Resveratrol targets PD-L1 glycosylation and dimerization to enhance antitumor T-cell immunity02-13-2020
RSV was also predicted to interact with the inner surface of PD-L1 involved in the interaction with PD-1, almost perfectly occupying the target space of the small compound BMS-202 that binds to and induces dimerization of PD-L1.
The ability of RSV to directly target PD-L1 interferes with its stability and trafficking, ultimately impeding its targeting to the cancer cell plasma membrane.
Dr. Javier A. Menendez from the Program against Cancer Therapeutic Resistance (ProCURE), Metabolism and Cancer Group at the Catalan Institute of Oncology as well as the Girona Biomedical Research Institute (IDIBGI) and Dr. José Antonio Encinar from the Institute of Research, Development and Innovation in Biotechnology of Elche (IDiBE) and Molecular and Cell Biology Institute (IBMC), at Miguel Hernández University (UMH) said, "Unlike immunologically “hot” tumors such as lung cancer, melanoma, and bladder cancer, most breast carcinomas are not inherently immunogenic."
Correspondingly, the otherwise rare expression in most breast carcinomas of programmed death ligand-1 an archetypal immunosuppressive molecule on cancer cells that engages its receptor PD-1 on T-cells to suppress T-cell-mediated immune surveillance is markedly enriched in basal-like and HER2-positive tumors, thereby implying that PD-L1 confers a survival advantage in the tumor microenvironment of these specific breast cancer subtypes.
Figure 9. Resveratrol enhances antitumor T cell immunity by promoting abnormal glycosylation and dimerization of PD-L1. Post-translational modifications such as glycosylation, phosphorylation, palmitoylation or ubiquitination are essential for the folding, intracellular transport, and stabilization of the PD-L1 protein [41, 110–114]. PD-L1 is highly glycosylated, and N-linked glycosylation of PD-L1 critically maintains its protein stability and is required for its interaction with PD-1 to efficiently suppress T-cell activity. Recently, Bristol-Myers Squibb (BMS)-developed compounds with a common (2-methyl-4-biphenylyl)methanol scaffold have been reported to block the PD-1/PD-L1 interaction by interacting with the cavity formed by the two PD-L1 monomers and inducing the dimerization of PD-L1 [71–77]. Structural studies have revealed a dimeric protein complex with a single small molecule that stabilizes the dimer and thereby occludes the PD-1 interaction surface of PD-L1. We propose that RSV is a naturally occurring, double-strike PD-1/PD-L1 immune checkpoint inhibitor capable of directly blocking the enzymatic machinery in charge of the N-linked glycosylation of the nascent PD-L1 at the endoplasmic reticulum or directly binding to PD-L1 surfaces to induce PD-L1 dimerization and block PD-1 binding. This unforeseen ability of RSV to directly interfere with PD-L1 stability and trafficking impedes the correct targeting of PD-L1 to the cancer cell plasma membrane and ultimately elicits drastically enhanced cytotoxic T-lymphocyte immune-surveillance against tumor cells. These findings might illuminate new approaches to restore T-cell function by targeting the PD-1/PD-L1 immunologic checkpoint with natural polyphenols.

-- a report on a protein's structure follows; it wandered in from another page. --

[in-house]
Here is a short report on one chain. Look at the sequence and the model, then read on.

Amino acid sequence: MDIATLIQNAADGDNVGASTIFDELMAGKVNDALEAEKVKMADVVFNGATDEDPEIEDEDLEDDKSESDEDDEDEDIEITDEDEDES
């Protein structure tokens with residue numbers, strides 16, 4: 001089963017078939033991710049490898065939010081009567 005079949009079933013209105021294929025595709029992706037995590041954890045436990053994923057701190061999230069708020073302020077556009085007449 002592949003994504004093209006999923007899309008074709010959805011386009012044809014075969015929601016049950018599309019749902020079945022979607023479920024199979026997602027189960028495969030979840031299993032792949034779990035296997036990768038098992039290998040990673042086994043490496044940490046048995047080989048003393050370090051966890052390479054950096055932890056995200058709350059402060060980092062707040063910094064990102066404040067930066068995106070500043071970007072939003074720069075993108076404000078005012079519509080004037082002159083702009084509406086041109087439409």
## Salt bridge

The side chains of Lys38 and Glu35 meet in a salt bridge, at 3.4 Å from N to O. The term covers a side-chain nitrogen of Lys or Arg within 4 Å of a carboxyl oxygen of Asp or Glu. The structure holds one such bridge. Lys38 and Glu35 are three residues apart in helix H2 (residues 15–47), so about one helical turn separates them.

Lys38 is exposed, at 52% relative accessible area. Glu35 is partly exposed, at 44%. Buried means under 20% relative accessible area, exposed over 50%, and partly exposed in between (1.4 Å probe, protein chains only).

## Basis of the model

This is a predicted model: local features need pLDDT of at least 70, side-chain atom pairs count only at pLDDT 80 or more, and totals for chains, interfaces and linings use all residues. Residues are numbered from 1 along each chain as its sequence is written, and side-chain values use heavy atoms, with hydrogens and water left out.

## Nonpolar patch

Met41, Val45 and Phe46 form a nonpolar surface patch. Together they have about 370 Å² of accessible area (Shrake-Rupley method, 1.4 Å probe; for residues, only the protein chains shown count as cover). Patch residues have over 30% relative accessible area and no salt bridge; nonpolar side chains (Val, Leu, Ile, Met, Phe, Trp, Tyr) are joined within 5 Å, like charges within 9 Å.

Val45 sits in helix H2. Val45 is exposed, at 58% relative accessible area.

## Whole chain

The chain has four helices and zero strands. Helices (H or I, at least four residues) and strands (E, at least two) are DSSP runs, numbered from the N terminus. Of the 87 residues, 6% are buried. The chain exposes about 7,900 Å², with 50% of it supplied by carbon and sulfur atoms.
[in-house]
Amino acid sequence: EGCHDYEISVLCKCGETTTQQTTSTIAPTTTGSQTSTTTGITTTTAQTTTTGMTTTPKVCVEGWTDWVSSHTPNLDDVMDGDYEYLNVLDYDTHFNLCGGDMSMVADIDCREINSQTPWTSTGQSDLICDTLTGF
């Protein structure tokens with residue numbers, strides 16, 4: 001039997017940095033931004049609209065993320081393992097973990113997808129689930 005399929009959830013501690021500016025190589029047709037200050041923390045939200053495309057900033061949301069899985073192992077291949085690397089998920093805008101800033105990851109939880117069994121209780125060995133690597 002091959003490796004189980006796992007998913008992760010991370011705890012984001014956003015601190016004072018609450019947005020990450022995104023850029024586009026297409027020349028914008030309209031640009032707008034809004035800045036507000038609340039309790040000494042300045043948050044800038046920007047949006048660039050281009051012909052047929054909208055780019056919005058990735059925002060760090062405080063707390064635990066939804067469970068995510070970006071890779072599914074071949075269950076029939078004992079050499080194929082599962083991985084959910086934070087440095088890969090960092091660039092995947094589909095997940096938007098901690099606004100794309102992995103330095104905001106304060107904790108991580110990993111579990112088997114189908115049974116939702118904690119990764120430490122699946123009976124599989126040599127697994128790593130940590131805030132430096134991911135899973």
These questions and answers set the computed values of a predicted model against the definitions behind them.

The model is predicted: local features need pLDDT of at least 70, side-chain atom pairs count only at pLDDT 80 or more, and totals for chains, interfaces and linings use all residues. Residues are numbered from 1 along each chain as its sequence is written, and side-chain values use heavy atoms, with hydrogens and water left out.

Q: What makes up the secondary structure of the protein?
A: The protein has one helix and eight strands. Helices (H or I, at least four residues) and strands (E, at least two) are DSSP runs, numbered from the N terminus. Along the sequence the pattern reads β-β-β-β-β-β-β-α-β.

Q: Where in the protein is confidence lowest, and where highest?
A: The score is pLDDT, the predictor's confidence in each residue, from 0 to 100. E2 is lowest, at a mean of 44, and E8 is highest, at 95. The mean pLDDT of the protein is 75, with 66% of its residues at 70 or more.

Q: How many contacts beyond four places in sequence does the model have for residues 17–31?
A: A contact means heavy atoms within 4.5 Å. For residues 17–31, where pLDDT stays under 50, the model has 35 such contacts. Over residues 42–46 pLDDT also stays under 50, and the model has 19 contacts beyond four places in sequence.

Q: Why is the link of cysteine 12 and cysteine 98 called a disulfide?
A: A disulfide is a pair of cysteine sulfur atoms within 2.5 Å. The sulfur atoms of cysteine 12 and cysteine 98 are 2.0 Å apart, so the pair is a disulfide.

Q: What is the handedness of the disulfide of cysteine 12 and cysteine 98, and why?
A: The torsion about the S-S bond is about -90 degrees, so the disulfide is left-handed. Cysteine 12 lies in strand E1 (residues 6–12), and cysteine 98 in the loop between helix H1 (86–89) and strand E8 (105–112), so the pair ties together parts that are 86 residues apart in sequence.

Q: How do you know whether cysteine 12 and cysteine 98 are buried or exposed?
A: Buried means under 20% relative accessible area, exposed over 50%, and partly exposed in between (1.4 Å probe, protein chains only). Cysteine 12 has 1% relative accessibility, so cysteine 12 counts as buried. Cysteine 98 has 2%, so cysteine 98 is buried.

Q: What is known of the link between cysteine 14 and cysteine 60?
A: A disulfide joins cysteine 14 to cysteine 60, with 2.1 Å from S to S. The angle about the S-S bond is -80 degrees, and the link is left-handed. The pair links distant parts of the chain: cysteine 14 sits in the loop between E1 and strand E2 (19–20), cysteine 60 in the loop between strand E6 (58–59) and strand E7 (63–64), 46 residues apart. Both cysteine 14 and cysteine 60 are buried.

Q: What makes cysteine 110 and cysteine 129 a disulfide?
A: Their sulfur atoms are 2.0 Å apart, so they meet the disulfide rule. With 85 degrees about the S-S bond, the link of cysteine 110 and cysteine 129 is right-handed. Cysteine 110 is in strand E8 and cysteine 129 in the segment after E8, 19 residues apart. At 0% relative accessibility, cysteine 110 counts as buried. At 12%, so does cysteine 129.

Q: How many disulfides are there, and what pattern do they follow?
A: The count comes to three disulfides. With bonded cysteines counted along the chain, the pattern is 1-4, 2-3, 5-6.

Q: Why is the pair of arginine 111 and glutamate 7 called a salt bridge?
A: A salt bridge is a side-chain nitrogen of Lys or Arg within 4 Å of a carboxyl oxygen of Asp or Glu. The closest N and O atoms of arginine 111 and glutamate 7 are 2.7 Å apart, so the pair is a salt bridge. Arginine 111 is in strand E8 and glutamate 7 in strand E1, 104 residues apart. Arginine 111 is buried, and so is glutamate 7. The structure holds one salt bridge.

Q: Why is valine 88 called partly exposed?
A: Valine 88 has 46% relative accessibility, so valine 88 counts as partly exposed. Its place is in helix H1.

Indeed, the inhibitory nature of the metabolic interplay between tumor and immune cells in the TME supports its suitability as a target to overcome the immune escape of cancer cells and circumvent immunotherapy resistance.
Nonetheless, the appraisal of cancer cell-autonomous metabolic reprogramming as a bona fide driver of immune checkpoint signaling in tumor cells is a largely neglected area in cancer immunometabolism.
Here, the authors took advantage of the JIMT-1 cell line, a unique model of highly-aggressive basal-like/HER2-positive breast cancer naturally overexpressing the immunosuppressive molecule PD-L1 with 100% of the cells positive for PD-L1, to explore the potential regulatory effects of mechanistically diverse metabolism-targeting drugs on PD-L1.
The Menendez/Encinar Research Team concluded that the double-strike PD-1/PD-L1 immune checkpoint inhibitor-like behavior of RSV based on its ability to directly target PD-L1 either via key post-translational modifications such as N-linked glycosylation or via direct binding to PD-L1 to block PD-1 binding interferes with PD-L1 stability and trafficking, impedes the correct targeting of PD-L1 to the cancer cell plasma membrane, and lastly elicits considerably enhanced cytotoxic T-lymphocyte immune-surveillance against tumor cells.
Full Text - https://doi.org/10.18632/aging.102646
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